Testing soils for residues of persistent chemicals

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Primefact Number: 320    Edition: First edition    Released/reviewed: 01 Dec 2006

Past use of persistent organic pesticides, for example DDT and dieldrin, means that some agricultural soils are contaminated with chemical residues. In broadacre farming, these chemicals were used directly on soil or were applied to crops, contaminating soil via runoff or spray drift. Similarly, arsenic used in cattle and sheep dip baths has contaminated soils around these facilities.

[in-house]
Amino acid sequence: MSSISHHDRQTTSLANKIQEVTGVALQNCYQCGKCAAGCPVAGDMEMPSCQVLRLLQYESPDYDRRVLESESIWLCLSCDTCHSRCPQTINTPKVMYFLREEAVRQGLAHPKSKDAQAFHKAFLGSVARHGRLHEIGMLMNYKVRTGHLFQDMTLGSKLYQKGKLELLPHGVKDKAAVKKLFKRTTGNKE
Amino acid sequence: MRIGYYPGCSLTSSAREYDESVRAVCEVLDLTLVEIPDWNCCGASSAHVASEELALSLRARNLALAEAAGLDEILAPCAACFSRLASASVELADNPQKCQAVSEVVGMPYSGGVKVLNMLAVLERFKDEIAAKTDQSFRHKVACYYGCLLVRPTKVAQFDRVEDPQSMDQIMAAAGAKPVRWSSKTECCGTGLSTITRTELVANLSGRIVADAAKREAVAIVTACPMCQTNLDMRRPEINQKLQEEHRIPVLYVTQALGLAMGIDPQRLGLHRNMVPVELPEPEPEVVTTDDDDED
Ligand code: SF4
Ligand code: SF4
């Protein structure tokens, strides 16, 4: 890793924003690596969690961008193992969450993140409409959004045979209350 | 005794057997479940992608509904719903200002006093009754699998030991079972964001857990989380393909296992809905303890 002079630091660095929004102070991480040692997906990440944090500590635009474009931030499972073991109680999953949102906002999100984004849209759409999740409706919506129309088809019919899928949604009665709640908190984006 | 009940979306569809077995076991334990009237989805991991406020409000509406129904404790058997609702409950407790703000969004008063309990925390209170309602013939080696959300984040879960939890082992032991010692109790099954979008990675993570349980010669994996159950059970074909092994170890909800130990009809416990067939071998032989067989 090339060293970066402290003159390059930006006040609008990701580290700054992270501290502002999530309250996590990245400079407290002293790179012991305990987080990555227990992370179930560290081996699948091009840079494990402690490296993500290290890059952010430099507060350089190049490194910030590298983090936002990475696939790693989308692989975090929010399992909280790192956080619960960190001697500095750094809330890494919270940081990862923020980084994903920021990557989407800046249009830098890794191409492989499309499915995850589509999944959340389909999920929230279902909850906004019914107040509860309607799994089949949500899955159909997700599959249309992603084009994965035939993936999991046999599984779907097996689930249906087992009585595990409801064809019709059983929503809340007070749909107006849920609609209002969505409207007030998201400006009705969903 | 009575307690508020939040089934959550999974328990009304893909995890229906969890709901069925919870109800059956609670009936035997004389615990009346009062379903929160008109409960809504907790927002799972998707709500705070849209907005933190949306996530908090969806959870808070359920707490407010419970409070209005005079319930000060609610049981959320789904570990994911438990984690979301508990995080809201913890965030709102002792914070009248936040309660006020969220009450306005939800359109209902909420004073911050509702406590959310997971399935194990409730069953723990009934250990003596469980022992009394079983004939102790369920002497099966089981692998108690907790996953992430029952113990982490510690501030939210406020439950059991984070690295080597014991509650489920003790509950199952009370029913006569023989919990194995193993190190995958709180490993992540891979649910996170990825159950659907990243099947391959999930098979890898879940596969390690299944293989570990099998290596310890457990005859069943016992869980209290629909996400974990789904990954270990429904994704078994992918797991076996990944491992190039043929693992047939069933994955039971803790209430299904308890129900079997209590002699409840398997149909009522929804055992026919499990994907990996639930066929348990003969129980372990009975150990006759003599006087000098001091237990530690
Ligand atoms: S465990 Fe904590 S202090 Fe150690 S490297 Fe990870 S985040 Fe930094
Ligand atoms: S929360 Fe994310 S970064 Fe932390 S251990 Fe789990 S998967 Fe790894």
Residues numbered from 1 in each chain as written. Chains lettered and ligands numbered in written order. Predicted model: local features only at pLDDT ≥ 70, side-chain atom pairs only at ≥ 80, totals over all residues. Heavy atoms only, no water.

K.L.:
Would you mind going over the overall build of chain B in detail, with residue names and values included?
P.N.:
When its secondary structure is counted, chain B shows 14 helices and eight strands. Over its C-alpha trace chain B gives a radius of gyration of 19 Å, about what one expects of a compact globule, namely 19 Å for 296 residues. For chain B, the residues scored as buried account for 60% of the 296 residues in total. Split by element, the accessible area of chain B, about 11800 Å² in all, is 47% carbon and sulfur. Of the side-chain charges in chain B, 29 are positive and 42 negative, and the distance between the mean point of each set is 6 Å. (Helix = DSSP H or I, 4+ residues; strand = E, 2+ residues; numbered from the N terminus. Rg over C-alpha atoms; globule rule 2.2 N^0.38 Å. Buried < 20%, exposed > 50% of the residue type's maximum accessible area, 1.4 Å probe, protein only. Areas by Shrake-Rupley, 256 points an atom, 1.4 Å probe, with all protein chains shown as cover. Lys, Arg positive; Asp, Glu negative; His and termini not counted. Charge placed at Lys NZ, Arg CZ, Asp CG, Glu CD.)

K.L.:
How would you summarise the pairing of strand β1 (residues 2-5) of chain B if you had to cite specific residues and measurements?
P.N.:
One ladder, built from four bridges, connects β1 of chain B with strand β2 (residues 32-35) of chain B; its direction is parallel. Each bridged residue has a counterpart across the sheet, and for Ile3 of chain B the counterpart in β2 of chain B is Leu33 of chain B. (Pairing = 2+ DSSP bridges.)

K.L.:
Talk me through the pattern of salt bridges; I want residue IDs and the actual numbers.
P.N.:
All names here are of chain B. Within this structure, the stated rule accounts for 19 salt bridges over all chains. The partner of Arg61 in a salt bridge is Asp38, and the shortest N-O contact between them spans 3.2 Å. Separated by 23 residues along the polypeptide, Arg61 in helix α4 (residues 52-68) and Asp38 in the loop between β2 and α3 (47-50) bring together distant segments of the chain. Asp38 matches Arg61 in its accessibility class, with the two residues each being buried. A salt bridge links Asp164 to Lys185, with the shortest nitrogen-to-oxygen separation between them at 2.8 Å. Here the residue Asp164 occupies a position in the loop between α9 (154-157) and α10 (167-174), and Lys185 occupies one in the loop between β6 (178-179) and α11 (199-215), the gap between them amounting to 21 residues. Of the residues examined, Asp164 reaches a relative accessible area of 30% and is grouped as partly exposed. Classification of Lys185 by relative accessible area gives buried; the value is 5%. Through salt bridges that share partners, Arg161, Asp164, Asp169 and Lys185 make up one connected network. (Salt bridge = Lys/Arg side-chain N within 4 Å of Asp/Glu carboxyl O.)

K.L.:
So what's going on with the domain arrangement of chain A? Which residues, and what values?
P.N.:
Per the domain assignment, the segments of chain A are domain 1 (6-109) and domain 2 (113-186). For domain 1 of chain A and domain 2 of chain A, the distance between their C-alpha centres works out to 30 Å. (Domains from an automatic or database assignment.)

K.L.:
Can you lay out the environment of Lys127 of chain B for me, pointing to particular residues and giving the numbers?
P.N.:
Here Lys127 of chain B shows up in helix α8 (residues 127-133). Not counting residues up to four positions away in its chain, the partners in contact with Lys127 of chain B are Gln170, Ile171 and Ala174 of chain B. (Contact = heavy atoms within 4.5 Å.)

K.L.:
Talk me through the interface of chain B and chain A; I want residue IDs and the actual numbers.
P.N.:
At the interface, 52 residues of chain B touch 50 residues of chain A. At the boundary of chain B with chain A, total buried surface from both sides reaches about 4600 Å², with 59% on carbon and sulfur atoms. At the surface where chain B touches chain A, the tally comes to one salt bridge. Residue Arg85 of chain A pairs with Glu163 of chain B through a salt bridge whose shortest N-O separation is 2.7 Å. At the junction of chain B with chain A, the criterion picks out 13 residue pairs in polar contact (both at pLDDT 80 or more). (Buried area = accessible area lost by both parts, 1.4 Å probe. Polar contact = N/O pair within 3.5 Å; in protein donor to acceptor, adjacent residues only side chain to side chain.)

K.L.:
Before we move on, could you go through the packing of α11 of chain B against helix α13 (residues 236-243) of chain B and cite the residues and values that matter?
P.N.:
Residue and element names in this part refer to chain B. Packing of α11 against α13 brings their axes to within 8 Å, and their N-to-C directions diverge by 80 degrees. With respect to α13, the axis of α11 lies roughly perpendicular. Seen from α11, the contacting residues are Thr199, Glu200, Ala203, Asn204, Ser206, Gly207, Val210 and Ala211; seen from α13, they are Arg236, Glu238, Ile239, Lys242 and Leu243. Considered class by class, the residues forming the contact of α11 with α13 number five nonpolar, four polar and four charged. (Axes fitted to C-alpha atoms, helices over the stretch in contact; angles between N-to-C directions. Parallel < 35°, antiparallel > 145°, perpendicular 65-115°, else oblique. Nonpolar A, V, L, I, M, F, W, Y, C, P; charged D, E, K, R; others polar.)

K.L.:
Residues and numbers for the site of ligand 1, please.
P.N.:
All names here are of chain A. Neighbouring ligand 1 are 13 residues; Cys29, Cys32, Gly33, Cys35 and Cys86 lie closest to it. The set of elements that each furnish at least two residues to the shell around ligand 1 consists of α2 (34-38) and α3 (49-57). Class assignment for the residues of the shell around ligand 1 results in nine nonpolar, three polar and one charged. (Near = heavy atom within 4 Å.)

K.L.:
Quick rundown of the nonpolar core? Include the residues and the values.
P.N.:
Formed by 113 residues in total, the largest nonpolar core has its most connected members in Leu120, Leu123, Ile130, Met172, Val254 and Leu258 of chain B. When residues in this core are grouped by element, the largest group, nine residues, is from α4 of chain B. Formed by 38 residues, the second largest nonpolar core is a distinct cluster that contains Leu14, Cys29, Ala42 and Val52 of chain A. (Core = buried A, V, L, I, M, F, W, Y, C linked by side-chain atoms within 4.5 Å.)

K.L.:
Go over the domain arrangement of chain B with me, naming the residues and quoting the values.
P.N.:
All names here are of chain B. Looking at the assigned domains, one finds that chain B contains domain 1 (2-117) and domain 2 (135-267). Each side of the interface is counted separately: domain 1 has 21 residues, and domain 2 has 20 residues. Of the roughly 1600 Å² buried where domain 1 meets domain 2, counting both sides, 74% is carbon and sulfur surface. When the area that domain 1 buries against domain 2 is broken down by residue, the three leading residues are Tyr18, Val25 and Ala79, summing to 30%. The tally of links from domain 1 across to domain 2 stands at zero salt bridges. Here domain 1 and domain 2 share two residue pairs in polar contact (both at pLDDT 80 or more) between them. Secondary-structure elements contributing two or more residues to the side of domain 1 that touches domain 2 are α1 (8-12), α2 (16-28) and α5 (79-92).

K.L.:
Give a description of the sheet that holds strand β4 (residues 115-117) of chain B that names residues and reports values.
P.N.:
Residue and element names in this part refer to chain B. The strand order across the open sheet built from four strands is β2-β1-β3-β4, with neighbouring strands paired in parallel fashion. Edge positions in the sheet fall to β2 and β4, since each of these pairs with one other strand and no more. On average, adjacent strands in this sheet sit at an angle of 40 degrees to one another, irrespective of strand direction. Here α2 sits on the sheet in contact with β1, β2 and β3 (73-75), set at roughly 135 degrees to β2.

Pesticide contamination may cause residues in stock or crops raised on affected land. Soil residue tests determine if pesticides are present and at what levels, so that the risk to livestock or crops can be assessed and remedial actions focused on affected areas.

This Primefact describes the process for sampling soils and sending them to the laboratory to be tested for pesticide residues.